- , in Siem Reap, produces great pottery and reinvests its profits into local job creation and cultural preservation.
- trains and employs rural, in some cases disabled, tailors in its Siem Reap shop, which purchases and recycles waste from the community to make its products.
- , in Phnom Penh, offers employment to vulnerable Cambodians, who produce jewelry and toys
- , in Phnom Penh, support projects in the Cambodian and Vietnamese countryside
Related Travel Guide
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|From Chateaux to Battlefields: Walking the Paths My Characters Tread|
Added: 15.04.2021 20:32 | 2 views | 0 comments
Next to writing, research is my true love. When I stand in the spaces I want my characters to inhabit, I can feel them and see them and bring their lives and their stories out of my imagination and into the structure of words and sentences.
The Hotel Scribe, Paris
To research The Paris Orphan, I started in Paris at the Hotel Scribe, where Lee Miller stayed during World War II and where Jessica May, my character, also stays. The hotel was used by the U.S. Army as the press office, and the hotel’s exterior is largely unchanged from that time.
Staying in the hotel for several nights allowed me to picture more vividly the scenes in my story set there, to see where Miller’s room was, and the view from her balcony. The hotel is very proud of its association with Miller.
A Chateau in the Champagne Region
From there I had the very difficult(!) job of staying in a chateau just outside Reims in France’s Champagne region, just as D’Arcy does in The Paris Orphan. How I suffer for my art!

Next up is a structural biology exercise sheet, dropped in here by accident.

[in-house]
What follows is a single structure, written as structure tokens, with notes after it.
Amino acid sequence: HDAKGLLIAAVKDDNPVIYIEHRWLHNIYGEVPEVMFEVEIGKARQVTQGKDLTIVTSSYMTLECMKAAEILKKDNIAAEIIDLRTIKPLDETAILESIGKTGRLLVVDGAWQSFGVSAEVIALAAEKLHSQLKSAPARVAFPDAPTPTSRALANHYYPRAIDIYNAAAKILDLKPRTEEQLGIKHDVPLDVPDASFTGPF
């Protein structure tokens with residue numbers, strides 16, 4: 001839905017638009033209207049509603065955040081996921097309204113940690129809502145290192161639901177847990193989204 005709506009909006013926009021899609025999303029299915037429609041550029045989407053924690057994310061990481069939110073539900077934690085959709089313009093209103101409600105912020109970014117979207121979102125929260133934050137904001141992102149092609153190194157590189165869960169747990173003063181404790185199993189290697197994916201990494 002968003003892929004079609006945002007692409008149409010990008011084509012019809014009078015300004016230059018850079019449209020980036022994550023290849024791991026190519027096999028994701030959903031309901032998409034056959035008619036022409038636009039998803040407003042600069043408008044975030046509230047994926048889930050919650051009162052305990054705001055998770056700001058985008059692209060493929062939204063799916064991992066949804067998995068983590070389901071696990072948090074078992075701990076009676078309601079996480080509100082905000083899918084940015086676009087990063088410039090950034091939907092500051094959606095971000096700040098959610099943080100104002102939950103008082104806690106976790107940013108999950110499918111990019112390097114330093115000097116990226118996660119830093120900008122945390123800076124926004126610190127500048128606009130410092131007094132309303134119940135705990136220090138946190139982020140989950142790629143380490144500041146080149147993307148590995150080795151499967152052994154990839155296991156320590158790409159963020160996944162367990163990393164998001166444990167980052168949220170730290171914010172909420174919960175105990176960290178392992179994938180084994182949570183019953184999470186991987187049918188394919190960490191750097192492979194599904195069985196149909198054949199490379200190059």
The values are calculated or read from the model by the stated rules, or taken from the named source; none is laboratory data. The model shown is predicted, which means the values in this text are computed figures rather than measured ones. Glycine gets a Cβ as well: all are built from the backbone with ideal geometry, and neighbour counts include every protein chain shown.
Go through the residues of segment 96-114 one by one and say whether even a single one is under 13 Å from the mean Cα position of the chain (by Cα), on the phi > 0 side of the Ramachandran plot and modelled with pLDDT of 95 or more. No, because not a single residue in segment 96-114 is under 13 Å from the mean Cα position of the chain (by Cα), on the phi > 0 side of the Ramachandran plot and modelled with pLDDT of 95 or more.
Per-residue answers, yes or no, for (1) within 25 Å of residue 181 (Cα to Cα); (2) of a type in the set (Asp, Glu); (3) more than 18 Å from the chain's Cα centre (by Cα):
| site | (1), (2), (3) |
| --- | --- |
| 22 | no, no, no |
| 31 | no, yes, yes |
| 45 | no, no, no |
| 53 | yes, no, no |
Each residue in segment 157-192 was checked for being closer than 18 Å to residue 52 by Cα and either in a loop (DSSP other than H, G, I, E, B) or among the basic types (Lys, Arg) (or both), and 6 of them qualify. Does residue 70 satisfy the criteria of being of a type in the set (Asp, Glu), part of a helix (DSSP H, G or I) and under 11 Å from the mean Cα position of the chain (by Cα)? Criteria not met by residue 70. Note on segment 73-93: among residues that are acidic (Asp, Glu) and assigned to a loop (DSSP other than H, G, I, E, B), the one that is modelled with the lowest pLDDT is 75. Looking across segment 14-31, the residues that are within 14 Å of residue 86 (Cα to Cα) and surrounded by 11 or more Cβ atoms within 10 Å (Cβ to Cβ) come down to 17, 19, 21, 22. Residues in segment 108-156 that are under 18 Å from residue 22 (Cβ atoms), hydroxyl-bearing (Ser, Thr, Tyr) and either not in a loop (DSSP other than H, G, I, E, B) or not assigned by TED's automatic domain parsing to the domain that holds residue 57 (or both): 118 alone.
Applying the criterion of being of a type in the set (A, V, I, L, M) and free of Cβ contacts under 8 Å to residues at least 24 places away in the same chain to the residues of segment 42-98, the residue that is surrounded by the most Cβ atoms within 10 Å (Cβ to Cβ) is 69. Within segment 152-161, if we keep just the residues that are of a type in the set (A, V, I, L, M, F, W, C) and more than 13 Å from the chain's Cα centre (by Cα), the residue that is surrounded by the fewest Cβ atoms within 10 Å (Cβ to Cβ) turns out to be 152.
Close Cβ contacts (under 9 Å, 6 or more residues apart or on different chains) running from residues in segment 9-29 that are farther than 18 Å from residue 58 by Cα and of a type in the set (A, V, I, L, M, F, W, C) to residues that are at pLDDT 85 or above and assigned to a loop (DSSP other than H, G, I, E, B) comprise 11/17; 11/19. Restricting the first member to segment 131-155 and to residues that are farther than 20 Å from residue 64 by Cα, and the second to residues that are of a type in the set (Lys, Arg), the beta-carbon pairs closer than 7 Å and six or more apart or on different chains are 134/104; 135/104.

It was a wonderful experience because I was able to wallow in the richness and lushness of the area. The extraordinarily bright pumpkins that D’Arcy sees from her window are the pumpkins I saw from my room at the chateau, as is the canal, the maze, the plane trees, the potager—or vegetable garden—and the butterflies. From inside the chateau, the black-and-white-tiled marble floor, the salon de grisailles, the boiserie, and the turret all came from the chateau I stayed at.
Crazy Trees—Les Faux de Verzy
I had heard about Les Faux de Verzy, the dwarf twisted beech trees that feature in The Paris Orphan, before I left for France. I was determined to see them, as they captured my imagination. When I told my kids we were going to spend the afternoon walking through a forest in search of crazy trees, they looked at me as if I was the one who was crazy!
But we had the perfect day. It was a little overcast and dark, haunting, mystical, magical even. We found the trees, and they were like something from myth. We all felt as if we were walking through an enchanted forest. As we left, my kids said to me that doing weird research things with Mummy always ended up being really fun! There was no way I could leave those spectacular trees out of the book.
On to Normandy
I then traveled to Normandy, which was a sobering experience. Standing on Omaha Beach, as Jess does in the book, deeply affected me. The beach is so very wide, and I could see the difficulty that any soldier would have had, jumping out of a vessel on the water, traversing through waves to the ocean’s edge, and then having to forge a way across that vast stretch of sand to safety. Almost impossible. I could feel how Jess might feel, standing there, seventy-odd years ago, a witness to the immense and terrible destruction of human life.